Also, missionaries could be supplied with small portable cassette tape players and go into the homes with prepared messages to humble family groups all around the globe. Millions of people are anxious and willing to learn, if only they can hear the “sound” in their own language and in a manner that they can grasp and understand.

Just think what can be accomplished when we broadcast our message in many languages over numerous radio stations, large and small, around the world, and millions of good people listening on their transistors are being indoctrinated with the truth.

The Lord has blessed the world with many Early Bird satellites. They are stationed high in the heavens, relaying broadcast signals back to almost every corner of the earth’s surface. Today there are 67 earth receiving stations operating in 50 countries of the world. Certainly these satellites are only the genesis of what is in store for the future of worldwide broadcasting.

And President Kimball was speaking in April 1974, nearly half a century ago.  The accelerating technological innovations over the past forty-seven years have been remarkable, as he expected them to be:

I believe that the Lord is anxious to put into our hands inventions of which we laymen have hardly had a glimpse. . . .  If we do all we can, and I accept my own part of that responsibility, I am sure the Lord will bring more discoveries to our use.

Are we doing all that we can?

President David O. McKay’s admonition “Every member a missionary” has long been difficult for Latter-day Saints who live in isolated or largely-Latter-day Saint communities.  And it’s been hard for those who are shy, or afraid of approaching non-members.

But virtually anybody with an internet connection can be active online, advancing the cause of the Kingdom worldwide.  No large budget is required, no elaborate radio or television studio.  In fact, I can testify from personal experience that the internet and social media can (with the possible exception of the literally benighted “hermit kingdom” of North Korea) reach even places where it’s currently unthinkable for missionaries to go.  I have met a man who taught himself the Gospel of Jesus Christ by reading through the Church’s website in religiously-restrictive Saudi Arabia, his native country.  On a government computer screen in the Islamic Republic of Iran, no less, I myself have seen the website that an American Baha’i friend had put up to promote his faith, which is legally prohibited in Iran.  It is definitely possible to “send” where we “cannot go.”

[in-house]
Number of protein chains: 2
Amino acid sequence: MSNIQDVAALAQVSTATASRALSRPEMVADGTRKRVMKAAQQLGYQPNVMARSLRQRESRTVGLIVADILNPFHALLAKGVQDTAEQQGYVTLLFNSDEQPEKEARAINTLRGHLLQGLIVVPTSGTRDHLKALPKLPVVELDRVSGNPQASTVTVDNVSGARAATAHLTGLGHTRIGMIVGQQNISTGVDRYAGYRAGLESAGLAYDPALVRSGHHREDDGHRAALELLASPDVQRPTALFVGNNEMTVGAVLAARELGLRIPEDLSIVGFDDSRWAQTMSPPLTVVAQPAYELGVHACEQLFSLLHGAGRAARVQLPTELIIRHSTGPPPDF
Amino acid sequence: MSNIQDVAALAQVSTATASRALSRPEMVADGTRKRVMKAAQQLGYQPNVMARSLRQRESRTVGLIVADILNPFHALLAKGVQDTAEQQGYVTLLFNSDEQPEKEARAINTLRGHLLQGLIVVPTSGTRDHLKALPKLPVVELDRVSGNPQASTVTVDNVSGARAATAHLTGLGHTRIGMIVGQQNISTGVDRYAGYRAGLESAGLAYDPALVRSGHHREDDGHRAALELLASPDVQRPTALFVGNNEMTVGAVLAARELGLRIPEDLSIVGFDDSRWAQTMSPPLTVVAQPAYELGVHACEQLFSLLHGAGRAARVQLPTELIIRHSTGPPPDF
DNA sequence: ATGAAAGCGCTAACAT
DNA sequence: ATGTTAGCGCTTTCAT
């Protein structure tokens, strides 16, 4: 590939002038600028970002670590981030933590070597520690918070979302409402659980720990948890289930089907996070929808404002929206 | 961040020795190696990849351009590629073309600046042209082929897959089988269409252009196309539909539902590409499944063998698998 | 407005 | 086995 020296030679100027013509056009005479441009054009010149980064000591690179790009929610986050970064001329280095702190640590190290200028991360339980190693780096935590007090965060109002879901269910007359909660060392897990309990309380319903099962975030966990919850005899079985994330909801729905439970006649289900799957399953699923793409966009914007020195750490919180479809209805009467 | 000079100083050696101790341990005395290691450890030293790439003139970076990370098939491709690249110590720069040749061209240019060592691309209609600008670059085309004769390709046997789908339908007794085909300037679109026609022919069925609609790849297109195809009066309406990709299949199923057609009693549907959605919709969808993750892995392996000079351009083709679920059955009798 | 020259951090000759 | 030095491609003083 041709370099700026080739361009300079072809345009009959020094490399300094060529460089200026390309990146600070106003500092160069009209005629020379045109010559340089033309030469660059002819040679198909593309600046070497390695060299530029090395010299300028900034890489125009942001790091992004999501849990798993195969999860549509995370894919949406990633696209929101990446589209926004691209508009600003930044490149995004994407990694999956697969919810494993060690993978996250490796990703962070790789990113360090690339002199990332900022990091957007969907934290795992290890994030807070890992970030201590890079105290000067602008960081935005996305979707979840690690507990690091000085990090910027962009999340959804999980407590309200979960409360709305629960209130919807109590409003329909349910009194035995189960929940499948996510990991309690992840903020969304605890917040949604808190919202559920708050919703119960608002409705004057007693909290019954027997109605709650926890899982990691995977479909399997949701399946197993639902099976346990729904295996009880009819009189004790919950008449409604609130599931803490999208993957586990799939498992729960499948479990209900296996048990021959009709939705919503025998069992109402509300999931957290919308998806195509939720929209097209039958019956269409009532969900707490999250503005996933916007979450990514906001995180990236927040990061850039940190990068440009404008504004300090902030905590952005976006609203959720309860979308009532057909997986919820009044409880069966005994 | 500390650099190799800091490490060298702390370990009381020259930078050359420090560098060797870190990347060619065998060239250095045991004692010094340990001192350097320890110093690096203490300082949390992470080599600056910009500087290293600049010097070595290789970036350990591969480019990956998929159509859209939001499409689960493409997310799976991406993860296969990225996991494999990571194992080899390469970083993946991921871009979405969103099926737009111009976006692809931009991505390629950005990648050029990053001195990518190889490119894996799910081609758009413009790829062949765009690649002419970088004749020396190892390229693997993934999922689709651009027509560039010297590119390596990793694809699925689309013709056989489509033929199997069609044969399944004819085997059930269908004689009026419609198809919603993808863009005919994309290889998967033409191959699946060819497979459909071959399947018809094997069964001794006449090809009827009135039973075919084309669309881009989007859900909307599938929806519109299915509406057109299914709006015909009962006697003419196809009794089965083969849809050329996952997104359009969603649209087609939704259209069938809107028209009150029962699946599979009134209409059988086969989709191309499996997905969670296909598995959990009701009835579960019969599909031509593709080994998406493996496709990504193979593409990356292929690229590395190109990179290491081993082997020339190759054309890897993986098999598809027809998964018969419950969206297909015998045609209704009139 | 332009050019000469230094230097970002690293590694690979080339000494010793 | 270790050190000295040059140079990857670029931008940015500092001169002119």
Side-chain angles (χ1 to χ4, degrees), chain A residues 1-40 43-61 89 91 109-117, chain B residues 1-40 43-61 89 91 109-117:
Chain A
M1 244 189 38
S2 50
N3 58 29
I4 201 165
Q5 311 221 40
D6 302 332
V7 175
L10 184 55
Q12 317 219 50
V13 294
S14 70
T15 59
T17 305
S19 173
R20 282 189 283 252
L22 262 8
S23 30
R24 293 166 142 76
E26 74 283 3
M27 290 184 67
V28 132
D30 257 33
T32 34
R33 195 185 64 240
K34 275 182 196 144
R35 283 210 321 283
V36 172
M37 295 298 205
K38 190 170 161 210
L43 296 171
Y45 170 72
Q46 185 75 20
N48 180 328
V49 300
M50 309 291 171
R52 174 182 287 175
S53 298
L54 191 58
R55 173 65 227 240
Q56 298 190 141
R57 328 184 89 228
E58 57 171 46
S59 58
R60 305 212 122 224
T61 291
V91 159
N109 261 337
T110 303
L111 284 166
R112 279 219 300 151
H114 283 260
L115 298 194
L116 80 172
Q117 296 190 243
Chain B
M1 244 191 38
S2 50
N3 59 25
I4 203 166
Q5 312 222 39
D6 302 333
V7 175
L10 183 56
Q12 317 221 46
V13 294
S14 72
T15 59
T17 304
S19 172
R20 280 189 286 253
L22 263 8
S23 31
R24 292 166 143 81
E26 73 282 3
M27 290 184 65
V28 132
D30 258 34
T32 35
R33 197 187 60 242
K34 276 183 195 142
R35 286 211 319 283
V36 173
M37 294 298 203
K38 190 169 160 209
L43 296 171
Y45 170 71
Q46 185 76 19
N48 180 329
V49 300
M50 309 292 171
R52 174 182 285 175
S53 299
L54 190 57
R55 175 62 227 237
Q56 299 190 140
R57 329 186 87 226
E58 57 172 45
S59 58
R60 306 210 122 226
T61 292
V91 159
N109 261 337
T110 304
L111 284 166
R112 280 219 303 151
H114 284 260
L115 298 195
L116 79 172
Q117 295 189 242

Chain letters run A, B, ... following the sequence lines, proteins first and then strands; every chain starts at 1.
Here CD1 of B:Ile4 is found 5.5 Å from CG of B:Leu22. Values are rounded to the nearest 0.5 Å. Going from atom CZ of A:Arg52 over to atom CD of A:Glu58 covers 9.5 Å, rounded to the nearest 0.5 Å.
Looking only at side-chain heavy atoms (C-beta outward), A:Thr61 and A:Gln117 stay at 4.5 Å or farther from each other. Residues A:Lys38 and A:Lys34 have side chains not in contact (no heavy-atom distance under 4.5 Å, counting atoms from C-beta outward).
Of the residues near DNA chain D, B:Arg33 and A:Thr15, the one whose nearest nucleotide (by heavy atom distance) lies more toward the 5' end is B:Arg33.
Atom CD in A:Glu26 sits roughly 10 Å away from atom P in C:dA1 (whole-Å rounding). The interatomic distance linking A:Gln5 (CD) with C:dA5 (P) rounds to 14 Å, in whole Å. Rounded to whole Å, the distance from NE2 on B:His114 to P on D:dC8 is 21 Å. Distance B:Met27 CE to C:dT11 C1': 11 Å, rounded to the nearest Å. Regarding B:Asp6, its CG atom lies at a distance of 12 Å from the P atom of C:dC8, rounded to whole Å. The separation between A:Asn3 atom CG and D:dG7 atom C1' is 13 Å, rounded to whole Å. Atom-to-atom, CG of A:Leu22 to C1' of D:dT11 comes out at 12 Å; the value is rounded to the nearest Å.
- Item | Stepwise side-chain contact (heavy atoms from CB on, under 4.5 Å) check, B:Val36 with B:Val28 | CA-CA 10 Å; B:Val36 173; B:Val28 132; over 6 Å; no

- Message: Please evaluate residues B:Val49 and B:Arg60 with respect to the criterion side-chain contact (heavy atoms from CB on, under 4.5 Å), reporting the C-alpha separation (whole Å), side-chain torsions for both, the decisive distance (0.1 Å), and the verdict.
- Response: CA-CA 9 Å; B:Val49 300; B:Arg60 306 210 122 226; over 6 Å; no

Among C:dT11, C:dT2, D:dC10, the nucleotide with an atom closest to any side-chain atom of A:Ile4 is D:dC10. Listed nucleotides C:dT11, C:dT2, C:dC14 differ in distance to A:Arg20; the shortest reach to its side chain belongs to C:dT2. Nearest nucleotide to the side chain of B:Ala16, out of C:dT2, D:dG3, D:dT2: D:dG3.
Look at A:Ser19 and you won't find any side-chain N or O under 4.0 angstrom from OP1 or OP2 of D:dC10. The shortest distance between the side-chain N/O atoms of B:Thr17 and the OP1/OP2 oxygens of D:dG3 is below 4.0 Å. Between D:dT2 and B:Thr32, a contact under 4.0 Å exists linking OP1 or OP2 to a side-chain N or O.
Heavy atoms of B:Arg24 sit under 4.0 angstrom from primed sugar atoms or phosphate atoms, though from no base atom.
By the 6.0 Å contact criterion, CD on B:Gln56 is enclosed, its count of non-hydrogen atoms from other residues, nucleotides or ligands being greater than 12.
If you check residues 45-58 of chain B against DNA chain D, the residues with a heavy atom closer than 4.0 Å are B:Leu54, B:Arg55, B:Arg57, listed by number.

We can all support organizations—such as the More Good Foundation (, FAIR (, Book of Mormon Central (, Meridian Magazine (, and, yes, the Interpreter Foundation ( that are dedicated to commending and defending the cause of the Restoration online.  Their potential reach is genuinely global.

We have learned a very great deal about social media during the COVID pandemic, about posting videos, blogging, conducting virtual discussions.  I don’t believe that the Lord willed the pandemic, but I’m quite confident that he expects us to learn from it and to use what we’ve learned.

“I am confident,” President Kimball said in 1974, “that the only way we can reach most of these millions of our Father’s children is through the spoken word over the airwaves, since so many are illiterate.”

I have no doubt that he was correct.  But we live today in a world where even fully literate people seem to be turning more and more away from the printed word to visual learning—and we have greater capacity to help with visual learning and other non-traditional methods of teaching and learning than we have ever enjoyed before.  And that brings me to a famous talk given by President Kimball, then a member of the Quorum of the Twelve Apostles, back in the late 1960s under the title of “The Gospel Vision of the Arts.”  Again, his remarks are worth quoting at some length: